Demonstrating the technique in the cleanroom at the Center for Nanoscale Systems, a National Science Foundation–supported research facility at Harvard, Kats uses a machine called an electron beam evaporator to apply the gold and germanium coating. He seals the paper sample inside the machine’s chamber, and a pump sucks out the air until the pressure drops to a staggering 10-6 Torr (a billionth of an atmosphere). Read more about Crafting ultrathin color coatings
Just about all parents would agree — infants undergo a nearly magical transformation from 3 to 6 months. Seemingly overnight, they can smile and laugh, and they squeal with delight when tickled. They babble, have “conversations” with those around them, and start to respond to their own names.
The Harvard Semitic Museum opened at its Divinity Avenue location in 1903 on land bought for a dollar from a benefactor.
The sturdy, granite-trimmed, brick building was at the edge of a Cambridge demi-wilderness called Norton Woods. It was next to a residence that has since been moved to Ware Street. Further down was a boardinghouse for immigrant Irishwomen, who cleaned and made beds in Harvard dormitories.
Almost 3,000 years ago there was Homer’s “Odyssey,” nearly the oldest work in the Western literary canon. Later came Plato’s “Symposium,” and later still “Oedipus the King,” by Sophocles. Then there was Dante’s “Inferno,” and soon Shakespeare’s “Hamlet.” Read more about Glimpsing Dublin from the wine-dark sea
The ability to adopt new behaviors and ideas — whether learned or invented — has helped humans develop everything from stone tools and agriculture to revolutionary communications technologies like the World Wide Web. But new research shows that this ability may come with a very real cost, in an increased exposure to potentially deadly diseases. Read more about A cost of culture
In a triumph for cell biology, researchers have assembled the first high-resolution, 3-D maps of entire folded genomes and found a structural basis for gene regulation, a kind of “genomic origami” that allows the same genome to produce different types of cells. The research appears online Thursday in the journal Cell. Read more about Creating ‘genomic origami’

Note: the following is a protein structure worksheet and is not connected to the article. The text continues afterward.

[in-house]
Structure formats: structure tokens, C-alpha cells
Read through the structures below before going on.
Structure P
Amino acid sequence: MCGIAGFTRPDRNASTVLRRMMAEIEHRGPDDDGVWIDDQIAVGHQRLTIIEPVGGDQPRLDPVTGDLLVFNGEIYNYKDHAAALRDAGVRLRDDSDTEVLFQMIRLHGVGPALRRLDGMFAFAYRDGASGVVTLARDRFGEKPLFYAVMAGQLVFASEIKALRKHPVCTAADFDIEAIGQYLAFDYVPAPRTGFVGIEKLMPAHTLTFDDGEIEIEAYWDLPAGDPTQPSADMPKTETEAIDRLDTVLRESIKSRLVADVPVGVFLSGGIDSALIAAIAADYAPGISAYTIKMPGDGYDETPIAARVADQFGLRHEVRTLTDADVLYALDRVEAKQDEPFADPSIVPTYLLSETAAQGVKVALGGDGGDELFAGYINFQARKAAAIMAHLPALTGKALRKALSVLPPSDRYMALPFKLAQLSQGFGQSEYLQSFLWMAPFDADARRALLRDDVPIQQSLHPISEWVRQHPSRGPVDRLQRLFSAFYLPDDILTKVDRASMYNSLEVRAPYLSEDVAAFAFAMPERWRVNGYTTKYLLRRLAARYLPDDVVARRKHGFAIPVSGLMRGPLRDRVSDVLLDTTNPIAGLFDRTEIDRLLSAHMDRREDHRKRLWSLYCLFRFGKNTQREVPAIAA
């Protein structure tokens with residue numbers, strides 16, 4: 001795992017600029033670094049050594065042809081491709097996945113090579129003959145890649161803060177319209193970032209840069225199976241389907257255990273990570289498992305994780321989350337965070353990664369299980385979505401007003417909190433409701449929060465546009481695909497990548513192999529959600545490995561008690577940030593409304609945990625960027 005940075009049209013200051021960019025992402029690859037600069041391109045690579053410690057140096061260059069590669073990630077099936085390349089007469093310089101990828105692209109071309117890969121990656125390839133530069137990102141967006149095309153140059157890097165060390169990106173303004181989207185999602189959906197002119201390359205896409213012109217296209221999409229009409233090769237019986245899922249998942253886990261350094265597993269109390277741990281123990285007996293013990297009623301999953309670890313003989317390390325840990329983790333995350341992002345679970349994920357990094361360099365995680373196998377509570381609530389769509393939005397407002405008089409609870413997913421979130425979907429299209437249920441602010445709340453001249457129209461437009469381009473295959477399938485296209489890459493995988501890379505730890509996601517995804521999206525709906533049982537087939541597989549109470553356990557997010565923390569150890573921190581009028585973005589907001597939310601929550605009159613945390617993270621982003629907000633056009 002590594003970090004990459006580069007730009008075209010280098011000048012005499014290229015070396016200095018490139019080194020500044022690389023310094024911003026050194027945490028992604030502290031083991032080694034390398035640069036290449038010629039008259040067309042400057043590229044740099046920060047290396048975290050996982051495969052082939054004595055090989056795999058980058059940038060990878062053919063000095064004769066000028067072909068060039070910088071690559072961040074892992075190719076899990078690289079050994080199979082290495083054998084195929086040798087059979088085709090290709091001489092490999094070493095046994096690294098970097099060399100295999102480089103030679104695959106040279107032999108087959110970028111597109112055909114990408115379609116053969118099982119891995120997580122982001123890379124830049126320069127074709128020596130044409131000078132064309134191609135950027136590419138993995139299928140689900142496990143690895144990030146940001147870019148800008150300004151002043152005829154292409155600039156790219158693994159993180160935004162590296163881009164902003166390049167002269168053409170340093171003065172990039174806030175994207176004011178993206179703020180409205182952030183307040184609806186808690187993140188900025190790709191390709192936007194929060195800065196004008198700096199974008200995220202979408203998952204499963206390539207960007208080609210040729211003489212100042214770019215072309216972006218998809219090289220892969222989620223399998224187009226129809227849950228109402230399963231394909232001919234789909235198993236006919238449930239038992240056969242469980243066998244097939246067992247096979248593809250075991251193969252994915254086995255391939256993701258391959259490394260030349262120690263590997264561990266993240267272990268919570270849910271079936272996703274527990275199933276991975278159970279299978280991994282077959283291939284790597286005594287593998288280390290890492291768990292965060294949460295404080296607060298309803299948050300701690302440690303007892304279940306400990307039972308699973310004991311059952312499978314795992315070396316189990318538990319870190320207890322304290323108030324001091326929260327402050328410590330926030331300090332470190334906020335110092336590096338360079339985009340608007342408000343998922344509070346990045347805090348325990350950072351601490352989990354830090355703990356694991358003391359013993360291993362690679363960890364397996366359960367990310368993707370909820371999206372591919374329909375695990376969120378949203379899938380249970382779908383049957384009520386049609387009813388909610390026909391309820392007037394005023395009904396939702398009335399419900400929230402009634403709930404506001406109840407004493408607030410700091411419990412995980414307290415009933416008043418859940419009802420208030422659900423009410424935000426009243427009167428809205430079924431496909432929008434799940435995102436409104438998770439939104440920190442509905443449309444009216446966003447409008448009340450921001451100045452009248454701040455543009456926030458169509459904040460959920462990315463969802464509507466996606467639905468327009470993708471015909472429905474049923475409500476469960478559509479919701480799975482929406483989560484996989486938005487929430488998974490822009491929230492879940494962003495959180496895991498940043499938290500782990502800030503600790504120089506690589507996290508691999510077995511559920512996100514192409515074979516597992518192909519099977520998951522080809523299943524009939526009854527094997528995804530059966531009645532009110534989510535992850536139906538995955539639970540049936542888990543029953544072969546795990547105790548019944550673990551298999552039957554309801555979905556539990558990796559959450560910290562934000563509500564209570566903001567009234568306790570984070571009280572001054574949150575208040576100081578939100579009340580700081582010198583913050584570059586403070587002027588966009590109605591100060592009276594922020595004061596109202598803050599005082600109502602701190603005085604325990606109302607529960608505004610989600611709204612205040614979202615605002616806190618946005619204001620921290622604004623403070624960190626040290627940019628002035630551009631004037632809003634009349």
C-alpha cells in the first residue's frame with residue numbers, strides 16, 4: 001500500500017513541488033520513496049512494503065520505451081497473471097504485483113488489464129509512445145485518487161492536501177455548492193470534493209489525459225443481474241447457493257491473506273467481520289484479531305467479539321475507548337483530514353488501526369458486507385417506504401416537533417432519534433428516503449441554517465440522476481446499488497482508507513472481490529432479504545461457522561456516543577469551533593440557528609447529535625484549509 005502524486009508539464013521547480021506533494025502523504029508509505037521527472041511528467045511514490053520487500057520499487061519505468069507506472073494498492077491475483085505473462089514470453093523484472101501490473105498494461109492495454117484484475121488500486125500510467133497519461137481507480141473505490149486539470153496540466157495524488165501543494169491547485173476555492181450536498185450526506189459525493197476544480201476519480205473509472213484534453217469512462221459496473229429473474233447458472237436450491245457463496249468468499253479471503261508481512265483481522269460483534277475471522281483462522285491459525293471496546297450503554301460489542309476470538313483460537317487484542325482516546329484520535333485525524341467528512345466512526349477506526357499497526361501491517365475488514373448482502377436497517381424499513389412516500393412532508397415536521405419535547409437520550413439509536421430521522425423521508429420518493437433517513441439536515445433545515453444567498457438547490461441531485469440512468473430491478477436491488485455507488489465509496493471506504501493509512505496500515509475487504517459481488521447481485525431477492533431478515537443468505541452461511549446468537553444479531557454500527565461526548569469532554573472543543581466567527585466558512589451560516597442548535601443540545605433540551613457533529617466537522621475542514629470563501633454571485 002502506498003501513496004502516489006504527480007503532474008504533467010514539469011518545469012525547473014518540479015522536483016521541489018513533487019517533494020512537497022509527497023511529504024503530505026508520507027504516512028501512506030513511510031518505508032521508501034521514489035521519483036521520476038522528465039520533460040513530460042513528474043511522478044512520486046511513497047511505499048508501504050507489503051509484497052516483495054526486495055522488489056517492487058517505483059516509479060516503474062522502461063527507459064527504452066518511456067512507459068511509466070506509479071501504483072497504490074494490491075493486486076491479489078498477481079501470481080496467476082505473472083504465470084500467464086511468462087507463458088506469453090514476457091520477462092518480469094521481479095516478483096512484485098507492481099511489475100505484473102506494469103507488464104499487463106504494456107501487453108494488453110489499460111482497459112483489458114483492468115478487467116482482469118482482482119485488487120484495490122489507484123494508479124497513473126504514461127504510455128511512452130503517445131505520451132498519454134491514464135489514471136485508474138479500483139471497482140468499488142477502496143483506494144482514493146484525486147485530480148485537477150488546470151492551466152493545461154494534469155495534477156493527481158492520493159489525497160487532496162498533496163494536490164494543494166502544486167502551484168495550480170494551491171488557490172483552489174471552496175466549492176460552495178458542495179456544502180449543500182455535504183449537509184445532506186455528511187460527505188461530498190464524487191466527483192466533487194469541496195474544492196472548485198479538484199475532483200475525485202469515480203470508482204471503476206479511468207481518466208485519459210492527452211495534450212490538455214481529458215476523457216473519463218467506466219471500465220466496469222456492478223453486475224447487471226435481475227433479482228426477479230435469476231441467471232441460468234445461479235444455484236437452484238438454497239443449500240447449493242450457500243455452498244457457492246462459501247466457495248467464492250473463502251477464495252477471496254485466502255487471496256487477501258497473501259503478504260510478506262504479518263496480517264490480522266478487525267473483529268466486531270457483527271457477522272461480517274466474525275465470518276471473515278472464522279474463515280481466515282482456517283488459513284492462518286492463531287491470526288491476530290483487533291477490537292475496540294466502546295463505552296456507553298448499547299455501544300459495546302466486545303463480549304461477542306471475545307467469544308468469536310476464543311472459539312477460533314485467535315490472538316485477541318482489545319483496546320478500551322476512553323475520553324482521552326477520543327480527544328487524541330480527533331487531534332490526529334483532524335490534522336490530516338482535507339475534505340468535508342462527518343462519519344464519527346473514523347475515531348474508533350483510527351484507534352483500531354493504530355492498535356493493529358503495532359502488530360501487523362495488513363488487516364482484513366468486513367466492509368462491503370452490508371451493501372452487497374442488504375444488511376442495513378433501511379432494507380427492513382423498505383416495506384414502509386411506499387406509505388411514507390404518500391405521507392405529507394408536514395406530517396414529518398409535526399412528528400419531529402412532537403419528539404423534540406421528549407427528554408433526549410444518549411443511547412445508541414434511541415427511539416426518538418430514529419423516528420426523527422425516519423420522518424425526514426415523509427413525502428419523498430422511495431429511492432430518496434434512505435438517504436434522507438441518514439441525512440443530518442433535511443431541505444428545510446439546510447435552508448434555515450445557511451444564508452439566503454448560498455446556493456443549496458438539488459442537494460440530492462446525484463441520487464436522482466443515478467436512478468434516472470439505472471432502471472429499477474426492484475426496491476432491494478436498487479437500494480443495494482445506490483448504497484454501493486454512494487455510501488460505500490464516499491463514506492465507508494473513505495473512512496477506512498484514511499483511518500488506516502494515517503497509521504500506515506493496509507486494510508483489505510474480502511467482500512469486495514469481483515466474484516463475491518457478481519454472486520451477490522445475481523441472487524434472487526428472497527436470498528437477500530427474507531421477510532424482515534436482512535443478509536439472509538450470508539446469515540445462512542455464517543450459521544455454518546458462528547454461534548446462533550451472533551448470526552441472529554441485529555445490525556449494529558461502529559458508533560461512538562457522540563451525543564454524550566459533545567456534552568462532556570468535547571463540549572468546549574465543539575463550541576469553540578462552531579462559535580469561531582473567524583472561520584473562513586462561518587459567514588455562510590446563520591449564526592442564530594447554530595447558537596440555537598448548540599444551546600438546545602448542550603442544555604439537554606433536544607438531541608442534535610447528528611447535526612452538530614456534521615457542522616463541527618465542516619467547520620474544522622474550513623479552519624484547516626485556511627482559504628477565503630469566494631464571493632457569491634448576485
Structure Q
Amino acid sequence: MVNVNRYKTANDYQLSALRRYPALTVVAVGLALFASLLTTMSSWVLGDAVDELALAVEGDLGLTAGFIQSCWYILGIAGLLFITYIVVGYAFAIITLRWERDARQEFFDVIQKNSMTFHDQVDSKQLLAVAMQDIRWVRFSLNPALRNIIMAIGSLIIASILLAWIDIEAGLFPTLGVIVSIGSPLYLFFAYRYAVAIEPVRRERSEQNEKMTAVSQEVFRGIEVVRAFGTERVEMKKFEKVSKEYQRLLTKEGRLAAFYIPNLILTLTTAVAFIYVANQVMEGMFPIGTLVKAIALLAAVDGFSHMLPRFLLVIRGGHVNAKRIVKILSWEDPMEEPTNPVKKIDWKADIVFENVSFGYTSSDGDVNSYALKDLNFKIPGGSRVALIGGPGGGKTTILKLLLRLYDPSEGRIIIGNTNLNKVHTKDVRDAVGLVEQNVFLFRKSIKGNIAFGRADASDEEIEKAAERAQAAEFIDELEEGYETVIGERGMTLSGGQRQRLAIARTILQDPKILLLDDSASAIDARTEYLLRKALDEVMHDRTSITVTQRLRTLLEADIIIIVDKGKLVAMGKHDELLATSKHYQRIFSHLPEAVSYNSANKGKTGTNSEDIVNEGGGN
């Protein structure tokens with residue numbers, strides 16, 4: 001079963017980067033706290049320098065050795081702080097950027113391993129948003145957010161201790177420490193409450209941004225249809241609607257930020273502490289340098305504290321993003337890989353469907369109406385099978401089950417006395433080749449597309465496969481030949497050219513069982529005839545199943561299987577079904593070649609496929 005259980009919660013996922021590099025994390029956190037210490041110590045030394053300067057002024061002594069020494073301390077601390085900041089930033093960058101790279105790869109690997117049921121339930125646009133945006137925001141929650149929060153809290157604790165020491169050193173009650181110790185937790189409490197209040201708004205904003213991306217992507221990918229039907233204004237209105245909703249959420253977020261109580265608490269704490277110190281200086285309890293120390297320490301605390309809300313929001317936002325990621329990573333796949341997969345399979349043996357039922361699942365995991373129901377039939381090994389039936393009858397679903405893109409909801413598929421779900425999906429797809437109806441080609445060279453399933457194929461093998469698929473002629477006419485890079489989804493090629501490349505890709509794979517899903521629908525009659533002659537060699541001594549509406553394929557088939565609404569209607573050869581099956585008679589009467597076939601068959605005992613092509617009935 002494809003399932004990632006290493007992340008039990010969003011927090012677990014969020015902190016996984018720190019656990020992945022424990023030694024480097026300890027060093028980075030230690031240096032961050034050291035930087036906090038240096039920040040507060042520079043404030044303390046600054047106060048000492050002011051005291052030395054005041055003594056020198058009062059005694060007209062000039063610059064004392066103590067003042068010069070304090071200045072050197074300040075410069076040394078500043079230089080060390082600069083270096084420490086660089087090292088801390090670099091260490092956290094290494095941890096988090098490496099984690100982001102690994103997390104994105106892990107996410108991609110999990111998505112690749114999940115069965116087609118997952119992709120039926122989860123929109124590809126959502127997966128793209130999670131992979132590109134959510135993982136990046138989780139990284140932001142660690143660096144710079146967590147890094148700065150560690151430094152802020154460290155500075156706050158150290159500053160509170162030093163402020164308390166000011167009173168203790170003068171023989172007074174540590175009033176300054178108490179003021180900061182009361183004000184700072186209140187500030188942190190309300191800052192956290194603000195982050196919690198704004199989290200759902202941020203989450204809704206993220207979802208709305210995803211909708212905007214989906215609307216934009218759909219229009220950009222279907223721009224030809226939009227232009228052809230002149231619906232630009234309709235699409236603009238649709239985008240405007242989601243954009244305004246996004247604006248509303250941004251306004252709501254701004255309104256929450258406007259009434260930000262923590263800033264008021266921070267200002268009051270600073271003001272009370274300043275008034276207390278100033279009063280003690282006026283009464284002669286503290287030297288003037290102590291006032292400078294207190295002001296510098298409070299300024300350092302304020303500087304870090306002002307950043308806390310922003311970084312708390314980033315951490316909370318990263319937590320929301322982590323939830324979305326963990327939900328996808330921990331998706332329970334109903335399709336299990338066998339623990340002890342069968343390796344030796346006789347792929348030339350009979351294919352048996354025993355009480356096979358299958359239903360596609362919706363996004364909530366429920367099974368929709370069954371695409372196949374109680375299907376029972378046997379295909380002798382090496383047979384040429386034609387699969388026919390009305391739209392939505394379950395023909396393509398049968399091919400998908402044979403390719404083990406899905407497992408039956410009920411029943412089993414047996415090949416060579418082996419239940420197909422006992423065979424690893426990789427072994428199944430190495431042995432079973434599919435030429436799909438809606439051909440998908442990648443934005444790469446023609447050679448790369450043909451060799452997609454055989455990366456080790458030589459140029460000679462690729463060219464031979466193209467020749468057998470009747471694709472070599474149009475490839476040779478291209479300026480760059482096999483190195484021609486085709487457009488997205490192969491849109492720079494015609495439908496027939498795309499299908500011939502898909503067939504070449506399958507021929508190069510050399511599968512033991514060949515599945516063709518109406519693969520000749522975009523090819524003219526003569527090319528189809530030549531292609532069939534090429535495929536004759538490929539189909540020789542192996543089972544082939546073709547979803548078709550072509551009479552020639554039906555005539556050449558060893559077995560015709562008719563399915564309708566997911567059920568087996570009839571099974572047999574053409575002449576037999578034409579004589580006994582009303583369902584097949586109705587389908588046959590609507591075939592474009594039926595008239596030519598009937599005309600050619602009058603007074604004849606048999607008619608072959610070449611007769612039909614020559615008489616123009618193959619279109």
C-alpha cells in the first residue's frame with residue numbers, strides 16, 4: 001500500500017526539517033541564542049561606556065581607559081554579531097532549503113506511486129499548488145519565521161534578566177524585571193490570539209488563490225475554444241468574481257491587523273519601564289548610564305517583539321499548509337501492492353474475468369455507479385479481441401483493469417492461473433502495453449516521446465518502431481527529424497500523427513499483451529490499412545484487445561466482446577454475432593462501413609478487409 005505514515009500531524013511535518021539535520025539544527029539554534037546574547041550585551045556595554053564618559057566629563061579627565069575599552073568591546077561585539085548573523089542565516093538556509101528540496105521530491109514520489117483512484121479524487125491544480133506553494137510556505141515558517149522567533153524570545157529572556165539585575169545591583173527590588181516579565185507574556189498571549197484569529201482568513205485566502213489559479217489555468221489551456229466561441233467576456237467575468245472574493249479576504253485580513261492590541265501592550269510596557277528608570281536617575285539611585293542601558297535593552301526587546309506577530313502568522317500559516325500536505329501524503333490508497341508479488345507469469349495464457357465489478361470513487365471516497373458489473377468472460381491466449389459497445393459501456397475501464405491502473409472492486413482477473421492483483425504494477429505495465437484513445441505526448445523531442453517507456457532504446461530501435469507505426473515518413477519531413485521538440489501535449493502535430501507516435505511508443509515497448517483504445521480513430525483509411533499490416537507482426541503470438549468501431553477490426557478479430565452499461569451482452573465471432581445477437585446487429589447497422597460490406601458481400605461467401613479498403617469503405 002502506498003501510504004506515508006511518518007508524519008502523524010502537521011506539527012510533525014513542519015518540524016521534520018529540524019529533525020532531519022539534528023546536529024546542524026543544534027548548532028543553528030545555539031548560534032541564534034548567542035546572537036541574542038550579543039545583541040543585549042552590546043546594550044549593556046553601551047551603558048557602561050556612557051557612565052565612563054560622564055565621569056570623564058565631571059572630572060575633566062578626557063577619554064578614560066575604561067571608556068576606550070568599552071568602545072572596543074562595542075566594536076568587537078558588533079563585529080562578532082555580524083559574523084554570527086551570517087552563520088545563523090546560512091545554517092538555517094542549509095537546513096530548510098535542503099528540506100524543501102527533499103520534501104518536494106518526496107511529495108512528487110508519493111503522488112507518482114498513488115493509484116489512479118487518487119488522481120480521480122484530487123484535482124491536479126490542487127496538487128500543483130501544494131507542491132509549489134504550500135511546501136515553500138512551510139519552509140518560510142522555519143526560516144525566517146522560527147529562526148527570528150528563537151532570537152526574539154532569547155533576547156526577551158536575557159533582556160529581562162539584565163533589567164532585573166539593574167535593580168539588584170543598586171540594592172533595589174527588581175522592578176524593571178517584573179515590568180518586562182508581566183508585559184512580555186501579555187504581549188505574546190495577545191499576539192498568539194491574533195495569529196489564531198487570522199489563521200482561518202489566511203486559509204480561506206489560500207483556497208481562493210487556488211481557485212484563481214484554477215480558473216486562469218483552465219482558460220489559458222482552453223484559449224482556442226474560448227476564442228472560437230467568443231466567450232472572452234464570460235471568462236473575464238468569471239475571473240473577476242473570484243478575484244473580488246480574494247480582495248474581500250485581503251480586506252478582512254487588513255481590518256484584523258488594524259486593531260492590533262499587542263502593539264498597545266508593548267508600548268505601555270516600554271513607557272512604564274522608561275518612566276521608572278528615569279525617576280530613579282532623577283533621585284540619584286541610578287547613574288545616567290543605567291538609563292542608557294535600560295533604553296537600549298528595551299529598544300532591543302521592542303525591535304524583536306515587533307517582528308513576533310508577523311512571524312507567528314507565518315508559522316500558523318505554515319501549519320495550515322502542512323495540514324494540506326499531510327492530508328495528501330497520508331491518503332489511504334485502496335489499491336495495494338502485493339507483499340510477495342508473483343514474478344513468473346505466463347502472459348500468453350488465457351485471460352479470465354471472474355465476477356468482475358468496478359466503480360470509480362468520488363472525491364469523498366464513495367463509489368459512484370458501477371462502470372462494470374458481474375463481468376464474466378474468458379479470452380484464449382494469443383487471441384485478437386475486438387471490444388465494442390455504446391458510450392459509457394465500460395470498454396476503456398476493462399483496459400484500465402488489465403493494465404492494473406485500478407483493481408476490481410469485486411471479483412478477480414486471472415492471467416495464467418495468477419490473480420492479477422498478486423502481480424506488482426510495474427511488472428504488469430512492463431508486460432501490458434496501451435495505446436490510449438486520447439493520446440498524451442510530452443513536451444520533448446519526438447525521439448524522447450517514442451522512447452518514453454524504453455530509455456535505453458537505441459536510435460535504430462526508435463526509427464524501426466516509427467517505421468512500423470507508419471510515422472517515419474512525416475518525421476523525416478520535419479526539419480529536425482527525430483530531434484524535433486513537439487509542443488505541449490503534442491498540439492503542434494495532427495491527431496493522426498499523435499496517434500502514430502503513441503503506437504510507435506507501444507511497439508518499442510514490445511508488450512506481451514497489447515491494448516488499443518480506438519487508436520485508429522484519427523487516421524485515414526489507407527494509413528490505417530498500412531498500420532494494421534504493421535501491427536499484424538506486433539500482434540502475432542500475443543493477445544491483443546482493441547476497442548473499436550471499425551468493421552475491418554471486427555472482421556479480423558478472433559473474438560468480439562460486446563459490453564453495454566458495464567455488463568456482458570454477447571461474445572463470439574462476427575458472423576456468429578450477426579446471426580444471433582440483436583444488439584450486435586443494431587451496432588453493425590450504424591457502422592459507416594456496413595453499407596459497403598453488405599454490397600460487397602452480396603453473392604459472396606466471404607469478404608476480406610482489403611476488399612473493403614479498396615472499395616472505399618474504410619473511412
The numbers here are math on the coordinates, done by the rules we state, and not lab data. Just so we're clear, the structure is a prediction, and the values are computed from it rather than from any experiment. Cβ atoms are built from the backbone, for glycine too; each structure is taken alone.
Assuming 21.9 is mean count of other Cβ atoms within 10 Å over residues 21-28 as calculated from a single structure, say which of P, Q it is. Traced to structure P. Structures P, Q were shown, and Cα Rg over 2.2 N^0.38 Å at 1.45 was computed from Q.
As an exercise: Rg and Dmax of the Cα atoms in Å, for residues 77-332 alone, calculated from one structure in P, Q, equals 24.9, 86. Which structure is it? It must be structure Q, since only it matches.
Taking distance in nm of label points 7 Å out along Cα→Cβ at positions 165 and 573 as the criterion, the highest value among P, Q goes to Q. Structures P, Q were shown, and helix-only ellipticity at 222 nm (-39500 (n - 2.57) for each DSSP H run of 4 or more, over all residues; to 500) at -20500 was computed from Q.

It’s a cliché to say it takes a village to raise a child, but it’s a cliché some creatures have taken to heart.
A handful of animals, including ants, bees, termites, and some birds, are what scientists call “eusocial.” That is, they live in tight-knit groups in which some individuals give up some of their reproductive capacity to care for the offspring of others. Read more about Reproductive strategies
Leverett House’s McKinlock Hall reopened to students at the beginning of the academic year after 15 months of reconstruction. McKinlock is the second completed project in the House renewal initiative, which is one of the largest and most ambitious capital improvement campaigns in Harvard College history and a major campaign priority. Read more about Leverett’s evolution
With just 0:55 remaining in Saturday’s game, Harvard beat Yale, 31-24 at Harvard Stadium, securing an undefeated season for the Crimson and outright ownership of the Ivy League championship title for the eighth straight year. For postgame coverage, visit Harvard Athletics website.
“The existing system in many developing countries is not working for the masses, so almost by definition you need entrepreneurship,” Tarun Khanna said of the social and economic issues facing India, Pakistan, Bangladesh, and other nations of South Asia. Read more about Shaping problem-solvers